When they needed it most, England received a match-saving golden yellow ticket. Tied at 3-3, it was the Wales captain Alun Wyn Jones who gave the hosts the chance to go in at half-time ahead and, therefore, in the ascendancy.
A turning point indeed, as Wales were looking the more threatening in what was largely a tight affair. That is up until the five minutes before the break when Jones received a yellow card and was sent to the sin bin for a clumsy trip on the England hooker Dylan Hartley.
It seems a captains job is not only to command his troops, but also the headlines. The England footballer John Terry was earlier in the week stripped of the captaincy by manager Fabio Capello, after the married man of twins bombarded the tabloids for a number of infidelities.
Then there is Steve Borthwick. The 30-year-old was appointed by England rugby coach Martin Johnson, as the nations captain throughout the Six Nations campaign. Yet some feel Borthwick is captain by default and the appointment was Johnson’s only option given the injury to Tom Croft – Borthwick’s only realistic challenger.
However, yesterday against Wales Borthwick showcased his key attributes. The Saracens lock was England’s main man in the lineout and continued to discreetly impose his authority when England needed a safeguard in possession, or when Wales were venturing to attack.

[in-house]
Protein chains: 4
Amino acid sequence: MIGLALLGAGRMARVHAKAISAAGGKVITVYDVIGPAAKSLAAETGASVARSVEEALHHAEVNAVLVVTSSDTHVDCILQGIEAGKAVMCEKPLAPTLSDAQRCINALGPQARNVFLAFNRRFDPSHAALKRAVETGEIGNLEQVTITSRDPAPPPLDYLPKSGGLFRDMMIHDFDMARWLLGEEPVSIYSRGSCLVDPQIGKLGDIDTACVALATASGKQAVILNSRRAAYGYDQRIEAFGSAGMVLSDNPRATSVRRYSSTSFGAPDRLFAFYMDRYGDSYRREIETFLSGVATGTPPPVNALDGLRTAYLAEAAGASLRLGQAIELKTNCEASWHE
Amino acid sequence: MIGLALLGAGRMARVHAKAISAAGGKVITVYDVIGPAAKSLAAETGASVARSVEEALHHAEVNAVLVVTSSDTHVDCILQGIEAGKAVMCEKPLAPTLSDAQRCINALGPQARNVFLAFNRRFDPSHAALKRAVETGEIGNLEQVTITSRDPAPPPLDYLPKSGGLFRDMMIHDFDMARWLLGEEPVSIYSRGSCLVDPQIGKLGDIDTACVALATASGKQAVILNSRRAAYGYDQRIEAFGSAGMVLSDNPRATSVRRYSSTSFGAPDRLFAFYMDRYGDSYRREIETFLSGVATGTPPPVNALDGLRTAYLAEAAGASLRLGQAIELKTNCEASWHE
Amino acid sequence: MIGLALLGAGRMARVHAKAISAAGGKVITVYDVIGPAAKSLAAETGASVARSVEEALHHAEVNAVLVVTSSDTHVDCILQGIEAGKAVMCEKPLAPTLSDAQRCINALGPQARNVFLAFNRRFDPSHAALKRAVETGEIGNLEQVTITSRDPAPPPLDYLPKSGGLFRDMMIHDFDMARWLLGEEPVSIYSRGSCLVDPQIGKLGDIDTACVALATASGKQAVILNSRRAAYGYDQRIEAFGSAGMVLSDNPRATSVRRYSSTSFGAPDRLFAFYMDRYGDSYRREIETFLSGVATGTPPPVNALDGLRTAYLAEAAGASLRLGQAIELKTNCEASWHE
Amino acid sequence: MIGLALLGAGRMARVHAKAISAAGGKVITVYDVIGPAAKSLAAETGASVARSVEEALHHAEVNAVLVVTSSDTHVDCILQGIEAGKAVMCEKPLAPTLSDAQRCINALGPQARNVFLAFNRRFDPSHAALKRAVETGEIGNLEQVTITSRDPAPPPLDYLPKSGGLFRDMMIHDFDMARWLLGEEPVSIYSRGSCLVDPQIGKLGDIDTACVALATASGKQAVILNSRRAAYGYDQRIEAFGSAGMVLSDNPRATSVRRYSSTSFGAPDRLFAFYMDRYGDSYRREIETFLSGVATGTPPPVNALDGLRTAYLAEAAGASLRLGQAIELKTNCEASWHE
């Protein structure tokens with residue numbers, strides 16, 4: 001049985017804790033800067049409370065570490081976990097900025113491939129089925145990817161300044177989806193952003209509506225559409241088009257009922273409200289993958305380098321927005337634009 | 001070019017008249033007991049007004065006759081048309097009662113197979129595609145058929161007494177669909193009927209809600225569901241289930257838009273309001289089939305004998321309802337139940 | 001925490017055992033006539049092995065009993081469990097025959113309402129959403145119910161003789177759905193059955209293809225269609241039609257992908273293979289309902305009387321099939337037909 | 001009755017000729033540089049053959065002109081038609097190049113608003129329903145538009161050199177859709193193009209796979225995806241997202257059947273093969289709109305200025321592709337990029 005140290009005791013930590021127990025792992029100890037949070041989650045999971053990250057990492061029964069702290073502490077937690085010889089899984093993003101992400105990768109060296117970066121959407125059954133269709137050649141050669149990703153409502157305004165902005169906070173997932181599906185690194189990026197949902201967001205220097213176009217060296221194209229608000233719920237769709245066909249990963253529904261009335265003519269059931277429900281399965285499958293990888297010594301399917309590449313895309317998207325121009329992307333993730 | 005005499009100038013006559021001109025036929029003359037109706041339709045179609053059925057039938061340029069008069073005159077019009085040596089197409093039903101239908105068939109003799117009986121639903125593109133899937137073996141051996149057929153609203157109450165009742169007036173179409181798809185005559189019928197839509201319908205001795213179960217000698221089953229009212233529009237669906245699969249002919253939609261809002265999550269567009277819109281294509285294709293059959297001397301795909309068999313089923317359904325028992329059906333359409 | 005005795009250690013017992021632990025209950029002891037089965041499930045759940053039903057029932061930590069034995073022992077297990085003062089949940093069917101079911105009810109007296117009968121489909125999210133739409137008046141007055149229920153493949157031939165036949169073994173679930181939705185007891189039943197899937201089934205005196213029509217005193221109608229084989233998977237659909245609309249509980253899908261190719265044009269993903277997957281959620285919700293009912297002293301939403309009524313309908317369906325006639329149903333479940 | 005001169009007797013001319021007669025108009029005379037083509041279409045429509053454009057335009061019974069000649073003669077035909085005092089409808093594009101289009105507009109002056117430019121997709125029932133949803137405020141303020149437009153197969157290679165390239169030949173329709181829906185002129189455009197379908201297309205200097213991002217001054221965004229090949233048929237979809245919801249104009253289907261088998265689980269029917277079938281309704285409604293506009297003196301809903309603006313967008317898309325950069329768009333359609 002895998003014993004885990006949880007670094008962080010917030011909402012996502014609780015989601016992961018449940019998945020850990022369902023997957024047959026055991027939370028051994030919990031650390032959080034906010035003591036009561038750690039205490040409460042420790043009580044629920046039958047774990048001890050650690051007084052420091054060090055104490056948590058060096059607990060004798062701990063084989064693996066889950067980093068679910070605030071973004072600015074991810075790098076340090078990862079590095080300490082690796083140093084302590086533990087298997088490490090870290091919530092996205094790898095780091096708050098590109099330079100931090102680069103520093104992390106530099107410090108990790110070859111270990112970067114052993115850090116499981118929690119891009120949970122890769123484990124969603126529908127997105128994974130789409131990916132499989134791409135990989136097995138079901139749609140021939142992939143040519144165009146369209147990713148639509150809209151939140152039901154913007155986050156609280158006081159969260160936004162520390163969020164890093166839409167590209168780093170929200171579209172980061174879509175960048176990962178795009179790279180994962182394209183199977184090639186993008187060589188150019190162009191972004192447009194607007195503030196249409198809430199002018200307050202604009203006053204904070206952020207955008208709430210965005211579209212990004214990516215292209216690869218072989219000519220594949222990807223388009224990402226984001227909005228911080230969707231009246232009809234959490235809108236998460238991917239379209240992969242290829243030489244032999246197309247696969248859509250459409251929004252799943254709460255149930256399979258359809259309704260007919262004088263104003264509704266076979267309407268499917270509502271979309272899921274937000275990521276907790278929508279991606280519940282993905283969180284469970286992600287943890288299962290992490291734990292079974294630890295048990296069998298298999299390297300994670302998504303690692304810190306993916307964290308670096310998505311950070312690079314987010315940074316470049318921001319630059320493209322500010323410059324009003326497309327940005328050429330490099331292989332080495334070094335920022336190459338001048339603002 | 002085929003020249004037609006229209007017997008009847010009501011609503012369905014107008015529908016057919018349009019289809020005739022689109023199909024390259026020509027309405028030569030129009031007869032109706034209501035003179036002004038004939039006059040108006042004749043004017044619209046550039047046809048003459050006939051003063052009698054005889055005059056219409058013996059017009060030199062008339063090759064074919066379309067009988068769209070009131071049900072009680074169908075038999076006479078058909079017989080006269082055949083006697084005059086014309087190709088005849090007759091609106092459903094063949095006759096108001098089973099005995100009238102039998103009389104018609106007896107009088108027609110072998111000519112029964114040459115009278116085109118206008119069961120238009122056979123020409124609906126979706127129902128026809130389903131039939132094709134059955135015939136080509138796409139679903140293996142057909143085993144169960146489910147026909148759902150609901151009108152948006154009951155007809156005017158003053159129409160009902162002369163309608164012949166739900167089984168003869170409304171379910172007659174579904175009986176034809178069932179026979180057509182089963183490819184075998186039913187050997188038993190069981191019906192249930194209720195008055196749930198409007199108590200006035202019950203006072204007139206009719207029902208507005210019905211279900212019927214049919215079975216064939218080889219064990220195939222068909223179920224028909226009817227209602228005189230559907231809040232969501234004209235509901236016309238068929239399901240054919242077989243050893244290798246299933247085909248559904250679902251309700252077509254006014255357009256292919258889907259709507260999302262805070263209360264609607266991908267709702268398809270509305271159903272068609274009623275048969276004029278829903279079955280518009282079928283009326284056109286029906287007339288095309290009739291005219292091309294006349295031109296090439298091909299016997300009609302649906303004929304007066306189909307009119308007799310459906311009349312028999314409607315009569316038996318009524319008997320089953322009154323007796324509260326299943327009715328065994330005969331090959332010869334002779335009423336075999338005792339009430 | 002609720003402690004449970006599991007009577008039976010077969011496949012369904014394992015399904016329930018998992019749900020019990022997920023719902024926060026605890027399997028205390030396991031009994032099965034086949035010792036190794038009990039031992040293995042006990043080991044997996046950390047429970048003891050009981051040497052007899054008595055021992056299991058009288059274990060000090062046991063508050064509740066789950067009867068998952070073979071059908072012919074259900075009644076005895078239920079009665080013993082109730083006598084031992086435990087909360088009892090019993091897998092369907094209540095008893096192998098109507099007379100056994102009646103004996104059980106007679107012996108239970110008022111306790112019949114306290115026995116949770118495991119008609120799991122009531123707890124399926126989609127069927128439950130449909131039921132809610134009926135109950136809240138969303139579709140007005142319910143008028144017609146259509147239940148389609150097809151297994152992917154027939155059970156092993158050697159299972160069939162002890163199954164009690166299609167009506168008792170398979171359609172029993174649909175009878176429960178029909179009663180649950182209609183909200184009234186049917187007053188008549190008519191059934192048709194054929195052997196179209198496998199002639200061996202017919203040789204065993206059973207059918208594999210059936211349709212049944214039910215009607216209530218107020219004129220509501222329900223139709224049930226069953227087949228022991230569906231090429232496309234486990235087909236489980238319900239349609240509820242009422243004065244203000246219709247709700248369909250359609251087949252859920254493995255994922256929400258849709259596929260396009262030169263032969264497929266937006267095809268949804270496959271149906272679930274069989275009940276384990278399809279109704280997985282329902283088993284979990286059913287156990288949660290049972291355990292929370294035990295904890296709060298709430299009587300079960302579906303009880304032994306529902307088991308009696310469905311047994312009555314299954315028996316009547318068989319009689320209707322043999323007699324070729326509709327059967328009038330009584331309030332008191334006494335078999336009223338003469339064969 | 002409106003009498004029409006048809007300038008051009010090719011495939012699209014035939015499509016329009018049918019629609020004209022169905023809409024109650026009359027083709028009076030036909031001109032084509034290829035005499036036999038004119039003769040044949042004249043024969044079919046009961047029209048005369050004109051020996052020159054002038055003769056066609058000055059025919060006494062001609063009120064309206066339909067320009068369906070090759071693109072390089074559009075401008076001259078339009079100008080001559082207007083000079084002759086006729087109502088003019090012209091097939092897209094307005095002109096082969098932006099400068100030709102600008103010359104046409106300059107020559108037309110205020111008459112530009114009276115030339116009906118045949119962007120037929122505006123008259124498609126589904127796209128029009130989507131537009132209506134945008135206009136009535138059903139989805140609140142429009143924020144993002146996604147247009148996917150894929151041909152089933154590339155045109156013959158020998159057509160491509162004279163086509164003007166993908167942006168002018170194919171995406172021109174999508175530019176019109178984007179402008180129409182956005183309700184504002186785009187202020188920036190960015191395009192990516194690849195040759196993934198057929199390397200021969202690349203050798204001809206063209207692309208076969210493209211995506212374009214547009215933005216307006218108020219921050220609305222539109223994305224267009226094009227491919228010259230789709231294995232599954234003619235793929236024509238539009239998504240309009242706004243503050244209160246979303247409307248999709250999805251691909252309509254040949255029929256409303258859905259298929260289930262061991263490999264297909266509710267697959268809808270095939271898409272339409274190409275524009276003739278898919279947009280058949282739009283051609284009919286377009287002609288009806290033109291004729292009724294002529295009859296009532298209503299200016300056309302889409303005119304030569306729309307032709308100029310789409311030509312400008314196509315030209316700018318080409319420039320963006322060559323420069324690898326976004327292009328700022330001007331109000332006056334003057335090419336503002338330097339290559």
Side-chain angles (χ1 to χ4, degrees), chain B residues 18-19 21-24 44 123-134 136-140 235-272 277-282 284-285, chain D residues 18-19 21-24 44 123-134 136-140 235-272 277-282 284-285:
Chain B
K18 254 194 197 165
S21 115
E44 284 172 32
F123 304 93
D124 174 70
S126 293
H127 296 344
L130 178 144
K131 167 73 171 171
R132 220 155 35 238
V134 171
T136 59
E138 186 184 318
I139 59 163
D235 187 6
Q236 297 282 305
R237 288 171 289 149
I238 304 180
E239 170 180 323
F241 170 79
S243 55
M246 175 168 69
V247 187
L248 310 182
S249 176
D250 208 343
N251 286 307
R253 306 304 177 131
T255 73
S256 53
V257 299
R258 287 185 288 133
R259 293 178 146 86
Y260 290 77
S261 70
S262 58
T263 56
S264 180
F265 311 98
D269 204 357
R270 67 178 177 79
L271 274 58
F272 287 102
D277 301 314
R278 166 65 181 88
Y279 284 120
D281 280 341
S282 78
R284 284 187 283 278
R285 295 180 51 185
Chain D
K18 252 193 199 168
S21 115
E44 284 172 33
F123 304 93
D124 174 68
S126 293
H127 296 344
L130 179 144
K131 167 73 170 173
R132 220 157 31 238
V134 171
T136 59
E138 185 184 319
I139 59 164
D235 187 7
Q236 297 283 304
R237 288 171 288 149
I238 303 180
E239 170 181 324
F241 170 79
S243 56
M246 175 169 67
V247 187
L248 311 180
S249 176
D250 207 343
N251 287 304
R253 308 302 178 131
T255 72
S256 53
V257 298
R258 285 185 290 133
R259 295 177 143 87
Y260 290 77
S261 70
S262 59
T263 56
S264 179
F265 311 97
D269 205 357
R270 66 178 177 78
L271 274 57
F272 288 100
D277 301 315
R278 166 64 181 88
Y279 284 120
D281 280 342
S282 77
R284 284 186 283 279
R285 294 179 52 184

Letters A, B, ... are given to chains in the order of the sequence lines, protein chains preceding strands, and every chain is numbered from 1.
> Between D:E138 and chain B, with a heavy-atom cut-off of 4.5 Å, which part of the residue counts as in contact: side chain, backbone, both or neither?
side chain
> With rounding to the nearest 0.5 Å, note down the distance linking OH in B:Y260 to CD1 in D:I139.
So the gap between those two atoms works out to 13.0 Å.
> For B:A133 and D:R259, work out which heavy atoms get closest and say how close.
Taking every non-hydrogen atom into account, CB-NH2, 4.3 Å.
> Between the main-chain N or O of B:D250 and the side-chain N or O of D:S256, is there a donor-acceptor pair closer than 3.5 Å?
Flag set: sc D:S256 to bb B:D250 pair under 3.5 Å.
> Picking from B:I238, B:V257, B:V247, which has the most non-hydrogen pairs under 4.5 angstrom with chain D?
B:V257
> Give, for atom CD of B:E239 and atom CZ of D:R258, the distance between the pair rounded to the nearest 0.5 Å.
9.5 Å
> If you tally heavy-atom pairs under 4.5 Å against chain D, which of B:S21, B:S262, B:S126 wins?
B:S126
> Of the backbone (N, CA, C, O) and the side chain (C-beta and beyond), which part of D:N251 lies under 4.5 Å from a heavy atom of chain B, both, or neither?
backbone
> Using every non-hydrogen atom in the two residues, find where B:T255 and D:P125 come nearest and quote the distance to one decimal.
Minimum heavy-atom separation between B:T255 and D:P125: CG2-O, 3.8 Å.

The England captain once admitted – “I’m a very anonymous person” – yet some who believe Borthwick lacks personality of say a Lawrence Dallaglio or Martin Johnson will keenly be swept aside by those who have worked closely with him in the game.
To put it mildly, his club Saracens feel there is no one around who could step in and do Borthwicks industrious work better. Saracens’ director of rugby, Brendan Venter, earlier explained just how important their captain will be throughout the season: “If we end up having a good season it’ll be because of Steve Borthwick.”
Borthwick, himself, confesses to being “boring” and that being made captain was down to his performances alone.
He said: “My understanding is it’s because of what I do as a player and the way I am around the group. I’ll just bring my hard work, my intensity, my attention to detail and my leadership. That’s what I do.” Simply put, he lets his rugby do the talking.
After yesterday’s win over Wales in the Centenary Test at Twickenham, England have, in the end, nonchalantly jumped the first obstacle in their efforts to lift the Six Nations come the end of March. Should England do so, it will take a brave Martin Johnson to end Borthwick’s tenure as captain beyond the competition.